It’s time to document an embarrassingly simple dish. I I threw this together in desperation some months ago, and it’s become a staple dish ’round these parts. It’s not remotely authentic, it’s so easy that it barely qualifies as cooking, and it’s not even got a proper name. I’ve taken to calling it “huevos,” purely to distinguish it from the simpler egg dishes we eat daily.
Uh, except that lately, “huevos” is what we eat daily. It’s a great hearty breakfast, a fine simple dinner, or an easy lunch. We always have the few ingredients on hand, and even if we didn’t, we could pick them up in any corner market. I like it with warmed tortillas (corn or flour) on the side, or arepas, or a handful of corn chips, or a piece of toast. Garnish it with a scant palmful of grated cheese, a spoonful of diced tomatoes, a scallion quickly cut up with kitchen scissors, or nothing at all.
huevos con whatnot, to serve two hungry people
In a frying pan over medium, heat a few drops of oil (I like olive oil) or a sliver of butter, and in it toast a generous teaspoon of cumin and most of two scallions, sliced with scissors*. (Reserve an inch of the green tops for a garnish.) When scallions and cumin are fragrant, add a dash of oregano and of chili powder.
Drain and rinse a can of black beans, approx. 15 oz. Don’t bother to drain them again, just plunk them in the pan**, along with a generous slug of whatever salsa is kicking around the fridge shelves. Jarred is fine; we use Newman’s Own, which — astoundingly — contains the same things I would put in homemade salsa, with no complex chemical preservatives.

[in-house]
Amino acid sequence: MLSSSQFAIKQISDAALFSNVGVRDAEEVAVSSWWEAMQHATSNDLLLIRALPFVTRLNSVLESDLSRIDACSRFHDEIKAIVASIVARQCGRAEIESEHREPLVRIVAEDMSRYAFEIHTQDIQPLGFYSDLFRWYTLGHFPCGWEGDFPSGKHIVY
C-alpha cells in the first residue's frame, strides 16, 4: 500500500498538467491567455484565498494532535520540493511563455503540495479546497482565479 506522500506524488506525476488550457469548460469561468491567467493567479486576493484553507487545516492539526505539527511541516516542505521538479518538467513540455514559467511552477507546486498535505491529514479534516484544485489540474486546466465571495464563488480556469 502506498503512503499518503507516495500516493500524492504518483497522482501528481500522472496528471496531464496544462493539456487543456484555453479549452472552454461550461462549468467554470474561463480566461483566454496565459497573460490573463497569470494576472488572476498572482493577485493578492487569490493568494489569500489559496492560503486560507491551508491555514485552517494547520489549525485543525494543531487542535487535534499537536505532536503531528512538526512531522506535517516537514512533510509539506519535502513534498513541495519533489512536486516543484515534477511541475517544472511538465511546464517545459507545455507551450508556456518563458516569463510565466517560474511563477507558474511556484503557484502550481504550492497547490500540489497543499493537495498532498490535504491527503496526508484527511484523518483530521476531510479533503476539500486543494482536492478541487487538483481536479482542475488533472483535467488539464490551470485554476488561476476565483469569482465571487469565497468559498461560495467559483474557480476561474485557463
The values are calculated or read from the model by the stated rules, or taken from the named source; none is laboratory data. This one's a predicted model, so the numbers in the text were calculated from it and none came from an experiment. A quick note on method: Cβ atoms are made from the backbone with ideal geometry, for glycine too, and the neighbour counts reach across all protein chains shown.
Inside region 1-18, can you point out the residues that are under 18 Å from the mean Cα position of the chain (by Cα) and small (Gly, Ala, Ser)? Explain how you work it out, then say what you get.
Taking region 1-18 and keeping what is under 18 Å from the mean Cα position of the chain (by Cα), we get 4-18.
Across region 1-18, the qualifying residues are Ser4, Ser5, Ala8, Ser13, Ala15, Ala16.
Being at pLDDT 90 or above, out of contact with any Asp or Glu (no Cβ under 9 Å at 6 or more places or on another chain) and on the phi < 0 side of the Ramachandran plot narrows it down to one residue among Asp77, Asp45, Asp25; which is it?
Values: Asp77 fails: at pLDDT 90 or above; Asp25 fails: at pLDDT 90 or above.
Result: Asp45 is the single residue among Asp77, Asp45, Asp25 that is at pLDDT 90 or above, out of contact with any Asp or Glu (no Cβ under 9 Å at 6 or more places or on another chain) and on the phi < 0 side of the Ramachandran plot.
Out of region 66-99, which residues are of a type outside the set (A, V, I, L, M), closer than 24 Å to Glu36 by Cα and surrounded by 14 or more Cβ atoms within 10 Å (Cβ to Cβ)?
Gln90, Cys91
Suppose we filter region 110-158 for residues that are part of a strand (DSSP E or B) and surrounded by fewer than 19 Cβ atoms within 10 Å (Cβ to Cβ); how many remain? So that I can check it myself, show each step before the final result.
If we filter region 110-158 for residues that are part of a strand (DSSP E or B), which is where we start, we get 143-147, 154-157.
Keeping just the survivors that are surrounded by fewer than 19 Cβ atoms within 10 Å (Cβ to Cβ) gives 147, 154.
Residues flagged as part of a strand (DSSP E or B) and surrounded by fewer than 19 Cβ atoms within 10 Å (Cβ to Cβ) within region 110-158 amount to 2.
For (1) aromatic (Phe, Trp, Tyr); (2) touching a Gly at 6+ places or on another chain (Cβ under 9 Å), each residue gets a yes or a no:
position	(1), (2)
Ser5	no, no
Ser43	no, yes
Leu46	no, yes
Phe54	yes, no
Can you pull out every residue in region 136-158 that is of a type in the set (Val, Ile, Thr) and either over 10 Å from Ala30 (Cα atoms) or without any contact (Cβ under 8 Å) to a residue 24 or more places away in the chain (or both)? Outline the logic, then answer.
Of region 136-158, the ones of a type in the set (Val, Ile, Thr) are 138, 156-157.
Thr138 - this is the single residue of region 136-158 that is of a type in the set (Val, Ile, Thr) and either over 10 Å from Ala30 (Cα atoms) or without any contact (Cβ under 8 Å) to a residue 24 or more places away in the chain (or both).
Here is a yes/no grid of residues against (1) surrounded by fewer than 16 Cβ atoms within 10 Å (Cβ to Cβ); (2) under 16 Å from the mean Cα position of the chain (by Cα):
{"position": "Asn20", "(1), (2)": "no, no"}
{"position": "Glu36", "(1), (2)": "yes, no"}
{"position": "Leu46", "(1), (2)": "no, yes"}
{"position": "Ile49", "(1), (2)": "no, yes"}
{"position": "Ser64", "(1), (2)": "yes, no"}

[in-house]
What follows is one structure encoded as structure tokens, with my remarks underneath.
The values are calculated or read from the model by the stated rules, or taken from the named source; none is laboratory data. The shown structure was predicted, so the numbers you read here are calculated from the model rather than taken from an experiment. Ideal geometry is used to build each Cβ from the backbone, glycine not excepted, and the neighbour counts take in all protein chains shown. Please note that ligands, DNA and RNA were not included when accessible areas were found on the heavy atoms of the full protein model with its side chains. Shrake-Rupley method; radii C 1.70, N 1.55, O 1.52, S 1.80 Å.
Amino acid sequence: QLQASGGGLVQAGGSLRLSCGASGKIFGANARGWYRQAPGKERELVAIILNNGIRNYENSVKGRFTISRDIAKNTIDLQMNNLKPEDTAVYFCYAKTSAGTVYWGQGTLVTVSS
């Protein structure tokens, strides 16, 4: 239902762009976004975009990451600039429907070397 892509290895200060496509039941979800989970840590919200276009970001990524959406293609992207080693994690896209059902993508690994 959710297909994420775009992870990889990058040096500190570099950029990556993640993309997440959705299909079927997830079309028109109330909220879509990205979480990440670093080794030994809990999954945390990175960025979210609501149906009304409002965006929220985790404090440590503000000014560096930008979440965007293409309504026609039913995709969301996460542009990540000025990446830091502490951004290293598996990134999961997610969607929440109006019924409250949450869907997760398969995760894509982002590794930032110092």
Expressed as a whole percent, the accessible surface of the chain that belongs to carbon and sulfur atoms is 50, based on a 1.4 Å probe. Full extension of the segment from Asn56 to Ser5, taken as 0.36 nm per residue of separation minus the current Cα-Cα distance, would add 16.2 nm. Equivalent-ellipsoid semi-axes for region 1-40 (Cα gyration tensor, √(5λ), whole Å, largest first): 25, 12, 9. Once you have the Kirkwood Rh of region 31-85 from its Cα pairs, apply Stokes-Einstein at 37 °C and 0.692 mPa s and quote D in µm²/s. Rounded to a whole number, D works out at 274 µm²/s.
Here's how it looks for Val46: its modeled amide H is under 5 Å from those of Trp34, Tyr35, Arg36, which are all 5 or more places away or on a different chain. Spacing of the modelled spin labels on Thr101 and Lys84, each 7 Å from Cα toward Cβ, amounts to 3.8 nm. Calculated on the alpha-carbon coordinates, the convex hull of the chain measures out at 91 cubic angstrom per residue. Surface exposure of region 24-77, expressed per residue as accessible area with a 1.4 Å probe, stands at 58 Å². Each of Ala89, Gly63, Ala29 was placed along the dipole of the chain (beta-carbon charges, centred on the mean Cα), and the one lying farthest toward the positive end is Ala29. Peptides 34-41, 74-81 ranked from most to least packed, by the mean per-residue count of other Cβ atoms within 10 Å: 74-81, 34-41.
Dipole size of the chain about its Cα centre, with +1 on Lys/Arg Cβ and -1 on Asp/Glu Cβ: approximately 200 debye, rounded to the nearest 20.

Add a coffeemug’s worth of water. (You could make this red wine, or sherry, or tomato juice, but water is fine.) Clap a lid on, and let the whole mess bubble away while you make your coffee/check your email/answer the phone.
Come back and peek under that lid. Is it a thick, soupy mess? Good. Stir it up from the bottom to prevent sticking. Turn the heat down.
When everything stops bubbling, pull the pan off the heat. With the back of a large spoon, make a well in the beans and crack an egg into it. (You want it liquidy enough so that soupy goo fills the well. If it doesn’t, stir in a little more water before adding your eggs.) Repeat with as many eggs as you like; we usually have two eggs each. Salt and pepper the eggs generously. If you want cheese, now is as good a time as any to add it. I like just a scant sprinkle of cheddar or Monterey Jack, but have cheerfully used mozzarella instead, or no cheese at all.
Replace the lid and let the eggs slowly poach in the bean liquid until they are nearly as done as you like. The Fella likes his eggs hard while I like mine runny, so I often cook his for a few minutes before adding mine.
Gently spoon the eggs, one at a time, into shallow bowls, and surround with spoonfuls of the bean mixture. Top with fresh ground pepper and remaining sliced scallions, if desired, or with chopped tomato, or a spoonful of salsa, or with cilantro, or with sour cream, or with hot sauce. You get it.
*optional additions at this point: chopped fresh tomatoes; one minced onion; cooked cubed sweet potato.
**optional additions at this point: minced garlic; canned tomatoes with juice.